Prolonged alleviation of tactile allodynia by intravenous lidocaine in neuropathic rats

Anesthesiology. 1995 Oct;83(4):775-85. doi: 10.1097/00000542-199510000-00017.


Background: Lidocaine may be useful in the treatment of neuropathic pain states. The authors hypothesized that lidocaine would reduce tactile allodynia observed in a rat nerve injury model. In an effort to determine the site of drug action, effects after intravenous, intrathecal, and regional administration were compared.

Methods: Rats underwent ligation of the left fifth and sixth lumbar spinal nerves. The 50% thresholds (g) for left hind paw withdrawal of awake rats to von Frey hairs were documented before, during, and after intravenous administration of lidocaine at programmed/documented pseudo-steady-state plasma concentrations, and correlated with measured plasma concentrations. Responses to lidocaine application intrathecally and regionally to the injured nerves were also recorded.

Results: In rats with tactile allodynia, intravenous lidocaine yielded 66 +/- 11% of the maximal possible effect on thresholds (100% = normal threshold), versus -1.3 +/- 2.7% for saline infusion. Twenty-one days after lidocaine infusion, 30-40% of the maximal possible effect persisted. Threshold increases depended on plasma concentration, rather than quantity of drug administered: rats receiving 15 mg/kg with higher plasma concentrations (1.2 +/- 0.1 micrograms/ml) showed significant allodynia suppression throughout 7 days of follow-up, whereas rats receiving 15 mg/kg at a slower rate with lower plasma concentrations (0.6 +/- 0.1 microgram/ml) did not. The EC50 for acute allodynia suppression was 0.75 microgram/ml. No such allodynia suppression was seen after intrathecal or regional administration of lidocaine despite transient neural blockade.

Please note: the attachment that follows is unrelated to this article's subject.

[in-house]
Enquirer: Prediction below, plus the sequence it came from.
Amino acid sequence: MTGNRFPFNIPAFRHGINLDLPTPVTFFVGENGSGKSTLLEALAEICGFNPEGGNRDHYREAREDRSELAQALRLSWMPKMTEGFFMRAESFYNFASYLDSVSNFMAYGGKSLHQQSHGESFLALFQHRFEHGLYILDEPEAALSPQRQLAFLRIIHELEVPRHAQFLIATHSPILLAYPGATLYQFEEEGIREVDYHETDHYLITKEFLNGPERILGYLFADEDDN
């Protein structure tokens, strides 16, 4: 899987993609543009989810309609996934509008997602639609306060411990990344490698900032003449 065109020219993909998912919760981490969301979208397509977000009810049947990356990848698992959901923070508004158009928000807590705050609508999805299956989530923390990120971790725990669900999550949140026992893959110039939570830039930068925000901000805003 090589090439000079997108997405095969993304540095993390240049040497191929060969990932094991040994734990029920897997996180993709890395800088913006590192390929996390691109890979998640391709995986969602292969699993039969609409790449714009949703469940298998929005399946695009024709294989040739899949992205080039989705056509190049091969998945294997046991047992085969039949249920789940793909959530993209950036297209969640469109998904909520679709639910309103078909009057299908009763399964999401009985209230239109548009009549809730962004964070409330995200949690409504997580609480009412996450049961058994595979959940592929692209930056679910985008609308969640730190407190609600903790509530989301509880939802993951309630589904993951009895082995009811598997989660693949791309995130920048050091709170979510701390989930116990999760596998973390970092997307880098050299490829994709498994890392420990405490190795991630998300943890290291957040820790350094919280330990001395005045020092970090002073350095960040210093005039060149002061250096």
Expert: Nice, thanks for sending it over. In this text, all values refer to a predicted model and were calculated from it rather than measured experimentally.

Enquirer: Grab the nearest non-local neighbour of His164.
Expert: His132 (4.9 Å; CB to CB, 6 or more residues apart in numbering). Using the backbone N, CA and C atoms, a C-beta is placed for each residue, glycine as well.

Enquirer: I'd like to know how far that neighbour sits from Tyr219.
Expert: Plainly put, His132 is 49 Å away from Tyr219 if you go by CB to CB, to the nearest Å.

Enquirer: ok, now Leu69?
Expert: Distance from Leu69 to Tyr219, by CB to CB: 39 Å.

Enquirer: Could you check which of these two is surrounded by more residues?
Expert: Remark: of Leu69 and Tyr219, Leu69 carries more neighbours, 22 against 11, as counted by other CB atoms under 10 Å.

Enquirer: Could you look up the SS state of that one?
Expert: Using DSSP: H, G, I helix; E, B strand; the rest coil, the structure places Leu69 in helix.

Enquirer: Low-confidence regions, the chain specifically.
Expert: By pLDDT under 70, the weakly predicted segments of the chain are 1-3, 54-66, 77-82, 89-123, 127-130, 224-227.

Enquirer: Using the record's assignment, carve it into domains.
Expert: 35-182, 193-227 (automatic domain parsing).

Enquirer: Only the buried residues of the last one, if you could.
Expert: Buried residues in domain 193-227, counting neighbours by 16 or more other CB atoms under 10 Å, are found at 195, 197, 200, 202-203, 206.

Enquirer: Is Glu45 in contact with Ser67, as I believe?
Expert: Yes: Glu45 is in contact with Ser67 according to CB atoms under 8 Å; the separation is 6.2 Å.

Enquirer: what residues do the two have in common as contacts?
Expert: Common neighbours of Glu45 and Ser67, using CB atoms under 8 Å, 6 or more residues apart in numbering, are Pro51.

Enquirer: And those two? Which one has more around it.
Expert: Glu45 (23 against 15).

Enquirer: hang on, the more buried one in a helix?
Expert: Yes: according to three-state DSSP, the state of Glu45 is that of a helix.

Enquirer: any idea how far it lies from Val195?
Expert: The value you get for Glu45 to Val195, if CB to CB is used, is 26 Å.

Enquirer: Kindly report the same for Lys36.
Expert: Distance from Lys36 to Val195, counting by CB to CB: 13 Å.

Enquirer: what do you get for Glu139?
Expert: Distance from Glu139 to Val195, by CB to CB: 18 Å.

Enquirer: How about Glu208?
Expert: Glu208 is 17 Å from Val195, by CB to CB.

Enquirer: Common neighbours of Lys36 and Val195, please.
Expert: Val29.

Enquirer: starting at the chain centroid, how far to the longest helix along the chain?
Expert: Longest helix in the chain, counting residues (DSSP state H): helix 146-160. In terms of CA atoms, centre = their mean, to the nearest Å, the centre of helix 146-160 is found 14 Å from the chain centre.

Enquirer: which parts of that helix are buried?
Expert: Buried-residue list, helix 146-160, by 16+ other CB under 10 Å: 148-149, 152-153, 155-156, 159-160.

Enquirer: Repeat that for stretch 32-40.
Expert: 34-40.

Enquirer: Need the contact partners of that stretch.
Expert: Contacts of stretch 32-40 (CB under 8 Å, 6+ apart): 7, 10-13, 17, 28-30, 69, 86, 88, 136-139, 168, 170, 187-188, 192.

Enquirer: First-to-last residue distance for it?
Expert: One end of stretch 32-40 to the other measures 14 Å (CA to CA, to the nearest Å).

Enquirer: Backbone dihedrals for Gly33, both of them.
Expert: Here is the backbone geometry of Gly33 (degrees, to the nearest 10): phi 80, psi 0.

Conclusions: Intravenous, but not intrathecal or regionally applied, lidocaine produces dose-dependent suppression of allodynia associated with nerve injury. The effects far outlast plasma concentrations of lidocaine. The mechanism of these prolonged effects is unknown.

Publication types

  • Research Support, Non-U.S. Gov't
  • Research Support, U.S. Gov't, P.H.S.

MeSH terms

  • Anesthetics, Local / therapeutic use*
  • Animals
  • Dose-Response Relationship, Drug
  • Injections, Intravenous
  • Lidocaine / administration & dosage
  • Lidocaine / blood
  • Lidocaine / therapeutic use*
  • Male
  • Neurons / drug effects
  • Pain / drug therapy*
  • Peripheral Nervous System Diseases / drug therapy*
  • Rats
  • Rats, Sprague-Dawley


  • Anesthetics, Local
  • Lidocaine